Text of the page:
In the United States about one million people are believed to suffer from Parkinson's disease. About 50,000 new cases are reported every year. Many things are associated with Parkinson's disease.
Parkinson's disease is a very serious disease. It is a progressive disorder of the central nervous system that results from degeneration of nerve cells in a region of the brain that controls movement. This degeneration creates a shortage of the brain-signaling chemical known as dopamine, causing impaired movement. There is increasing evidence that Parkinson's disease may be Genetic. Men are slightly more likely to develop the disease than women.
The average age at which Parkinson's disease is diagnosed is 60. However, about 10%-20% of those diagnosed with Parkinson's disease are under age 50, and about half of those are diagnosed before age 40. When the diagnosis is made early, it is referred to as "young-onset" Parkinson's disease.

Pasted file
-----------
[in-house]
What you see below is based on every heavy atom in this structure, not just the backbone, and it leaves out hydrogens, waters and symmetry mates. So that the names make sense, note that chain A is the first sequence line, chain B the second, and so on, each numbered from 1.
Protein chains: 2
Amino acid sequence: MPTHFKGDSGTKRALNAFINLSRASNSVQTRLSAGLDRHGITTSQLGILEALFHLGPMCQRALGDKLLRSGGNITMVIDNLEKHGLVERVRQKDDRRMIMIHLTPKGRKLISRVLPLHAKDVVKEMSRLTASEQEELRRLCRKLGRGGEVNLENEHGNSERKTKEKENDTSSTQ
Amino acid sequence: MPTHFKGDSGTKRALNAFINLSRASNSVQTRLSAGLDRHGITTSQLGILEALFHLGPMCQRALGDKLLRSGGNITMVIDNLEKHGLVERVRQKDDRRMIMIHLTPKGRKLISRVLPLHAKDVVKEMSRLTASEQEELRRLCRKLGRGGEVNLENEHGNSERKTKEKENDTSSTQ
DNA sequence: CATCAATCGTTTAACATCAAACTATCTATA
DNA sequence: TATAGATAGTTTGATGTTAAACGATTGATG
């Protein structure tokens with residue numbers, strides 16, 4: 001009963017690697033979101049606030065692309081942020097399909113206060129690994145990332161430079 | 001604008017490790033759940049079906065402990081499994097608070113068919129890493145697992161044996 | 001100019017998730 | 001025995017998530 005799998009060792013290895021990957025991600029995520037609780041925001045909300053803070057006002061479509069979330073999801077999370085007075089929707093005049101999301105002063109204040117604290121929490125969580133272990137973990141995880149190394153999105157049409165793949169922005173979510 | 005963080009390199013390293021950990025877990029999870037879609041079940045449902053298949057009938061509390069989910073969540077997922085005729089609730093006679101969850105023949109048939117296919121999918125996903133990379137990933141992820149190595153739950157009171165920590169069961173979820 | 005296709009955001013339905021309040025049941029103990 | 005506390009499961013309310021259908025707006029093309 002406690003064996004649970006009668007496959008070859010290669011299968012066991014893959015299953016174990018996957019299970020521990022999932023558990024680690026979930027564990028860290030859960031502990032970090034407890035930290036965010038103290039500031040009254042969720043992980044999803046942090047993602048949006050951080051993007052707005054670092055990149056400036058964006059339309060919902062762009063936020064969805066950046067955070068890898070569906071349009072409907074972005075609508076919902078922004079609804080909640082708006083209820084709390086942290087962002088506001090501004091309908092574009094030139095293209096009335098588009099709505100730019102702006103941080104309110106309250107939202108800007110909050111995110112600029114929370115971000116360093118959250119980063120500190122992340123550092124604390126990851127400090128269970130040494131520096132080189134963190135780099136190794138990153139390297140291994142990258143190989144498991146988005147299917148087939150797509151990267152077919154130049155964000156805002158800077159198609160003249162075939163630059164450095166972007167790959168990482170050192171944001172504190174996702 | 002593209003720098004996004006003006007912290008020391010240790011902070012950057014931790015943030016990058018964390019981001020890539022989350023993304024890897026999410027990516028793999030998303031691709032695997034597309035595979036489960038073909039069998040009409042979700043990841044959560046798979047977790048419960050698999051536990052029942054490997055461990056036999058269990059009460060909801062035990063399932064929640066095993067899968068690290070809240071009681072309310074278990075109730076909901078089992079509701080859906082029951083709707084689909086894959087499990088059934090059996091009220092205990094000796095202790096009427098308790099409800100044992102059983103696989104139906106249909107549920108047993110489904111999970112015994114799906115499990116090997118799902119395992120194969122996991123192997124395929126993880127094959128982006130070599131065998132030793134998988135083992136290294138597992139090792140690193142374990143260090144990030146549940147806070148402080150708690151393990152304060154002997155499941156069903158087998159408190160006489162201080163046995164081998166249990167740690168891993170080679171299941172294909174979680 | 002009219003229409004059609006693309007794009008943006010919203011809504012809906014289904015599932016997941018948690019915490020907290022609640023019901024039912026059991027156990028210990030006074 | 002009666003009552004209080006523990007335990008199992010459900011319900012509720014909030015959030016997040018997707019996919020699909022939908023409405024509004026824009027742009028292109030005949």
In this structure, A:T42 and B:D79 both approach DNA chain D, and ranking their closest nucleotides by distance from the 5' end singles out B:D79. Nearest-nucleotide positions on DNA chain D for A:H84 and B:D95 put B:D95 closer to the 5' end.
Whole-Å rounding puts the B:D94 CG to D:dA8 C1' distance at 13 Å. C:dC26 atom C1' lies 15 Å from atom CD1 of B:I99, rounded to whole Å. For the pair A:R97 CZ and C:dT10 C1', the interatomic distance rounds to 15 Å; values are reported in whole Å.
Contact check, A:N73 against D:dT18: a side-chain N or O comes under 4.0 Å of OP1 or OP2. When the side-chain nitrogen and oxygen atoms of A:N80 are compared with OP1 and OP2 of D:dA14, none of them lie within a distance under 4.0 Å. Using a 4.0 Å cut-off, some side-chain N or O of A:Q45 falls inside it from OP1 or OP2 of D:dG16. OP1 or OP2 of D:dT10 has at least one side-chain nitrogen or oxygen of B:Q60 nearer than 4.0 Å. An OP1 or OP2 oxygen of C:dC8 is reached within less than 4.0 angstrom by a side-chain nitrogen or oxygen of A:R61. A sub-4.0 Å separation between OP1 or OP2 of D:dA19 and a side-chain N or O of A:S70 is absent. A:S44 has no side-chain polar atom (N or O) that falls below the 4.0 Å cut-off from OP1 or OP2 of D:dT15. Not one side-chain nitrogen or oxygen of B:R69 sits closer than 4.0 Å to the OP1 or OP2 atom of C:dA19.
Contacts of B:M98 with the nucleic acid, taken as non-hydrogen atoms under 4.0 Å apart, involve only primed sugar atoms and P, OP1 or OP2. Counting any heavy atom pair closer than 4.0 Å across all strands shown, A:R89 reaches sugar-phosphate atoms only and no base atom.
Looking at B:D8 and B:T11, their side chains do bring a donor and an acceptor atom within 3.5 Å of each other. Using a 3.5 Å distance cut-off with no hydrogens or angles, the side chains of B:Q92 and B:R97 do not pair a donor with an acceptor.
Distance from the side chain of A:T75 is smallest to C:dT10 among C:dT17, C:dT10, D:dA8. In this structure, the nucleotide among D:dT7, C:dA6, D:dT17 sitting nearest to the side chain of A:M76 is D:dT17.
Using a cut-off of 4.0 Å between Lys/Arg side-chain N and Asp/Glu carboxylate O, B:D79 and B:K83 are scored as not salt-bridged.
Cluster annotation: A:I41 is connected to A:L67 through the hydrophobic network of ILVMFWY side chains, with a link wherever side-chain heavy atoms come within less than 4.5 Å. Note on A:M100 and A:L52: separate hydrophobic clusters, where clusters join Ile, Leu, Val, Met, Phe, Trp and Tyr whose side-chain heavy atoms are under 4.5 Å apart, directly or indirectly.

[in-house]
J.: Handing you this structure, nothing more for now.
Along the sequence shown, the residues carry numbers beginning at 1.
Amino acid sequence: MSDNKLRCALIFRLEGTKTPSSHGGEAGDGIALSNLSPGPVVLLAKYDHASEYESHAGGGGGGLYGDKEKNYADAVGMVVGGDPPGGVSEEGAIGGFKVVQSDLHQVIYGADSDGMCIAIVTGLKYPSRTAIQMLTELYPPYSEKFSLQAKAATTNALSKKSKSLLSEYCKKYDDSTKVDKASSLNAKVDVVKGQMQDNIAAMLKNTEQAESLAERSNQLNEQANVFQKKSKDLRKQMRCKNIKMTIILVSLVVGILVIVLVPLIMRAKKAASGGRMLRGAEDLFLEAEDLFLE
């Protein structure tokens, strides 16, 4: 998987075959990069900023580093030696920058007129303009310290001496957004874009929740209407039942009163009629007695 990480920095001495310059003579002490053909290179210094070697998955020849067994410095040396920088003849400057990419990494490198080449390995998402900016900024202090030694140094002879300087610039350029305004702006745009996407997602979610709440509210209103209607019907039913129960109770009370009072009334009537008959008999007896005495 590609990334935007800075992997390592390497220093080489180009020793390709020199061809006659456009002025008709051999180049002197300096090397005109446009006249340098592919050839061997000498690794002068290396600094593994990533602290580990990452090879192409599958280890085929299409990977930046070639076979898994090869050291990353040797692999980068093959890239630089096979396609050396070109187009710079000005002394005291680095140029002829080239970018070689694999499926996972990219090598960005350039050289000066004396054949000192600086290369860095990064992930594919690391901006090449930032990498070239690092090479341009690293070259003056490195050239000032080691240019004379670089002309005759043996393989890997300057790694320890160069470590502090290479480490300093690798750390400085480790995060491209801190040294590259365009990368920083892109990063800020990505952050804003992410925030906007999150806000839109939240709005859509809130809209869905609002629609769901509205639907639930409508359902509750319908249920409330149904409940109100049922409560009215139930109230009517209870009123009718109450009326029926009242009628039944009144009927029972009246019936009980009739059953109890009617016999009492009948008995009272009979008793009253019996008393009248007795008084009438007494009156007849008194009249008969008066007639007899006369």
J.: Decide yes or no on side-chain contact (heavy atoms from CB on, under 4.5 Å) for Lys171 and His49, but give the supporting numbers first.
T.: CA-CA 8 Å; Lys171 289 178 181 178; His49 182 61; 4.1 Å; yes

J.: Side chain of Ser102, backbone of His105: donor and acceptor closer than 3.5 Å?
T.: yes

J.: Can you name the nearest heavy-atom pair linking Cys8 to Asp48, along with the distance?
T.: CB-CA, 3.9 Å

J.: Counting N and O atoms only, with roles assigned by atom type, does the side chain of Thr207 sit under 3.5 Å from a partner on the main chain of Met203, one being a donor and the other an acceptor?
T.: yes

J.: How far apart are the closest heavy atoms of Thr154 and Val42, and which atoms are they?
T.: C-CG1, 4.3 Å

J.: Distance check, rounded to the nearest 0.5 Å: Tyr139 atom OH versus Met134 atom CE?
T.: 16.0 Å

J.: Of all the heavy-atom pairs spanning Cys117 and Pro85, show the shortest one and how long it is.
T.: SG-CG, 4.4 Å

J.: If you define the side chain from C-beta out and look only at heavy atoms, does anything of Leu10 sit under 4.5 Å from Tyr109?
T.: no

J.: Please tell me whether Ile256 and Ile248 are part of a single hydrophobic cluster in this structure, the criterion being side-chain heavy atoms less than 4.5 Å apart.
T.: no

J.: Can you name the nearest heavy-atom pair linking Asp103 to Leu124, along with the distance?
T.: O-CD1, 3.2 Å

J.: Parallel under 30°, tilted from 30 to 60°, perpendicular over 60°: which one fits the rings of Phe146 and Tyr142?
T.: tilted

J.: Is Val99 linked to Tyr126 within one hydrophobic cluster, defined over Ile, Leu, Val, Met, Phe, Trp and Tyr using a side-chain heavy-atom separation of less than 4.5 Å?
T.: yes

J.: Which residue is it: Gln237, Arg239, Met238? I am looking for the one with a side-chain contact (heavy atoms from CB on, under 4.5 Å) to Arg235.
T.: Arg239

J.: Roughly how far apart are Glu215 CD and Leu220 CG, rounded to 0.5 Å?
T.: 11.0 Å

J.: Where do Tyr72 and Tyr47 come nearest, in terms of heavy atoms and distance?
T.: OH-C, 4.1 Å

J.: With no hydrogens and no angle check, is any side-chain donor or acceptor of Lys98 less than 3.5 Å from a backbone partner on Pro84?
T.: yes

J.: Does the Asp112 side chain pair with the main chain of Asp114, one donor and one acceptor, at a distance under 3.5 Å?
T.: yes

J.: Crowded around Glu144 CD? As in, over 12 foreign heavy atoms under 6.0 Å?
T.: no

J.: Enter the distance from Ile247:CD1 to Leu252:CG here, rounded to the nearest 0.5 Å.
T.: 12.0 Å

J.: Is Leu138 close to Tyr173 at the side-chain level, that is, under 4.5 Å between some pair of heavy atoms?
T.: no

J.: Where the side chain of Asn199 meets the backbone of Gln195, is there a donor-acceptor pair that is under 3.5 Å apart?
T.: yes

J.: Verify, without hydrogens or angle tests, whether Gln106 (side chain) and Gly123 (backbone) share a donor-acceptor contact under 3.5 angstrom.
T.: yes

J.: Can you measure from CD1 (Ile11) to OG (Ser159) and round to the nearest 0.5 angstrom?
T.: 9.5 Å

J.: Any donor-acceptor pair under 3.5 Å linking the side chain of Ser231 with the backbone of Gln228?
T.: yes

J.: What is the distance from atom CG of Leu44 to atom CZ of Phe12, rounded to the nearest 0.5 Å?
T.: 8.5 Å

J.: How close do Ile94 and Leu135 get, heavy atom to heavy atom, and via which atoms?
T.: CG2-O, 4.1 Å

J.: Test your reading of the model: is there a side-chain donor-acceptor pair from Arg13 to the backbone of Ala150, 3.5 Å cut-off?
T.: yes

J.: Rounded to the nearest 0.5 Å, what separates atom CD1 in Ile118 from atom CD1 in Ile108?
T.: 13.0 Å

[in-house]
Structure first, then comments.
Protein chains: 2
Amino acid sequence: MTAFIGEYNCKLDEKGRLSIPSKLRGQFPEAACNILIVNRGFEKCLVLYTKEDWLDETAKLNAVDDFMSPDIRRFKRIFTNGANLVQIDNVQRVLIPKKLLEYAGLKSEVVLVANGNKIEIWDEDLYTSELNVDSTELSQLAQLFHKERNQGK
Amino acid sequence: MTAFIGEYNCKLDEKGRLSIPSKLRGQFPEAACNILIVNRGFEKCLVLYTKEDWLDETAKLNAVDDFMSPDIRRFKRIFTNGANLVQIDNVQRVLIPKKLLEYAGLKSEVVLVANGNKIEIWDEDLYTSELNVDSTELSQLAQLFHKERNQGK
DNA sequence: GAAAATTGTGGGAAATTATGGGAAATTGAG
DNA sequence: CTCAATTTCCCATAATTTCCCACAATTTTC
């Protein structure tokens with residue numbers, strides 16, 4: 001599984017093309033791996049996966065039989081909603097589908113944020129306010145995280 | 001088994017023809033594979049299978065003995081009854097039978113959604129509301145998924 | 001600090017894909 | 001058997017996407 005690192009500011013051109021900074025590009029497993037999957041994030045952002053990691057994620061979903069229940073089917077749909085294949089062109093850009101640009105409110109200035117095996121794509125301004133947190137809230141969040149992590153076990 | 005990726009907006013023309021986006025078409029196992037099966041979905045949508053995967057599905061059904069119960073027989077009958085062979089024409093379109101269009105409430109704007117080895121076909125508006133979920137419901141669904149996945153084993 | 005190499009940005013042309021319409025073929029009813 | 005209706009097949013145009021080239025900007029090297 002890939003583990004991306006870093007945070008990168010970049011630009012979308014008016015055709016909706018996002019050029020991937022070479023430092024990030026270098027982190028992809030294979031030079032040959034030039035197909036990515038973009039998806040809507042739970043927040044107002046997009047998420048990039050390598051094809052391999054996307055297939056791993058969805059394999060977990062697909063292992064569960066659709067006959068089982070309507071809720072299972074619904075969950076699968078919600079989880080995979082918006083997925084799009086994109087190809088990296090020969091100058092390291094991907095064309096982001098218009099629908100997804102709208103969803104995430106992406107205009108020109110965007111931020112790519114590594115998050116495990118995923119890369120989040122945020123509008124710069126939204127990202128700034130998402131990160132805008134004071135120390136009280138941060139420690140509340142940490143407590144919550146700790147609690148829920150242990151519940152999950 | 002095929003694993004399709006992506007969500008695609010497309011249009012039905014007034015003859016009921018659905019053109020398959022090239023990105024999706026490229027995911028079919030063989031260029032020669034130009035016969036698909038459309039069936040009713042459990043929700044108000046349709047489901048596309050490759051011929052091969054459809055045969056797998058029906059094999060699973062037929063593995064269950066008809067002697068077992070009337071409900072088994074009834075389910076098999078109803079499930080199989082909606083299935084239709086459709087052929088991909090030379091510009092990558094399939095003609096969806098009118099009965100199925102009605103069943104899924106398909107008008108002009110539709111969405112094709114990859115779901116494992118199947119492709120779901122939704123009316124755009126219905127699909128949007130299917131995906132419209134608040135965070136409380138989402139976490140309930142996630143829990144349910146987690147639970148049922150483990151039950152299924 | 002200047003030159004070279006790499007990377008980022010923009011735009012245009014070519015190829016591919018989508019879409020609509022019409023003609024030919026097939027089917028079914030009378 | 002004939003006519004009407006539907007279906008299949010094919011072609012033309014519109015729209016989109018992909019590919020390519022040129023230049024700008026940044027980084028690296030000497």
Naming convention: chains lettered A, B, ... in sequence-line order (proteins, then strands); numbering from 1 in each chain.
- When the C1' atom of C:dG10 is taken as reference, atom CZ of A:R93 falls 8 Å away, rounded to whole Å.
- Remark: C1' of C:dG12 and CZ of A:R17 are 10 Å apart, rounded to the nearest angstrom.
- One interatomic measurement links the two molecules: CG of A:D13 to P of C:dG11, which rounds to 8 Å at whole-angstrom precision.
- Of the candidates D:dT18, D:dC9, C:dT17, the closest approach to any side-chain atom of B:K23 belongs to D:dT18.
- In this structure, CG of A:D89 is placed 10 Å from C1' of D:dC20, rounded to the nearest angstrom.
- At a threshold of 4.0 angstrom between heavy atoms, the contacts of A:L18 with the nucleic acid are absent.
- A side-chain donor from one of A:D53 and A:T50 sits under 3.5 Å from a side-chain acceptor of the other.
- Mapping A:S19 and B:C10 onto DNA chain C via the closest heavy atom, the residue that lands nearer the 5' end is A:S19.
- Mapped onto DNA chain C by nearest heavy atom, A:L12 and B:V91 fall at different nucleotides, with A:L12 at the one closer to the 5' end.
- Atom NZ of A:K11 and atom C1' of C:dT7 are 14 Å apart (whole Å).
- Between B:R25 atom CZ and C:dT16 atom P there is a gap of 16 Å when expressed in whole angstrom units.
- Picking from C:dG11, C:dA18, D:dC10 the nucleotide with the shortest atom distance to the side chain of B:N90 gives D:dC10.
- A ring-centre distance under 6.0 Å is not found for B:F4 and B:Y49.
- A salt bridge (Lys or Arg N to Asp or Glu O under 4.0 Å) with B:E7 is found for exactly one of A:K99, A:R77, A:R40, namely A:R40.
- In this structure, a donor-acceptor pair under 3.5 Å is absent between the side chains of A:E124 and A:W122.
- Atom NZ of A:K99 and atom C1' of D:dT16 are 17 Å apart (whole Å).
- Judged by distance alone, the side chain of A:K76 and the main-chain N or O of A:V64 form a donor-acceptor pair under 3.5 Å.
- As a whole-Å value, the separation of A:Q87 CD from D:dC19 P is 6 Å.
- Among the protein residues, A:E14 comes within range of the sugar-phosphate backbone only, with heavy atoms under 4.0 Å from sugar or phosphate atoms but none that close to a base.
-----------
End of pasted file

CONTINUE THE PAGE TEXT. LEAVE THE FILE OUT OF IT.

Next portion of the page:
Early symptoms of Parkinson's disease are usually mild and generally occur gradually.
You may have fatigue or a general sense of uneasiness. You may feel a slight tremor or have difficulty standing. Some may notice that their speech has become softer or that their handwriting has changed. You may forget a word or thought and have feelings of depression or anxiety. Generally, friends and family may begin to notice the changes before you do. They often notice the stiffening or lack of movement, or the absence of facial expression seen in Parkinson's disease.
As the disease progresses, it begins to interrupt daily activities. It is important to note that not all people with Parkinson's disease experience the full range of symptoms; in fact, most people with Parkinson's have mild, non-intrusive symptoms.
There have been rapid and remarkable changes over the past decade in treating Parkinson's disease. The development of new medications and an...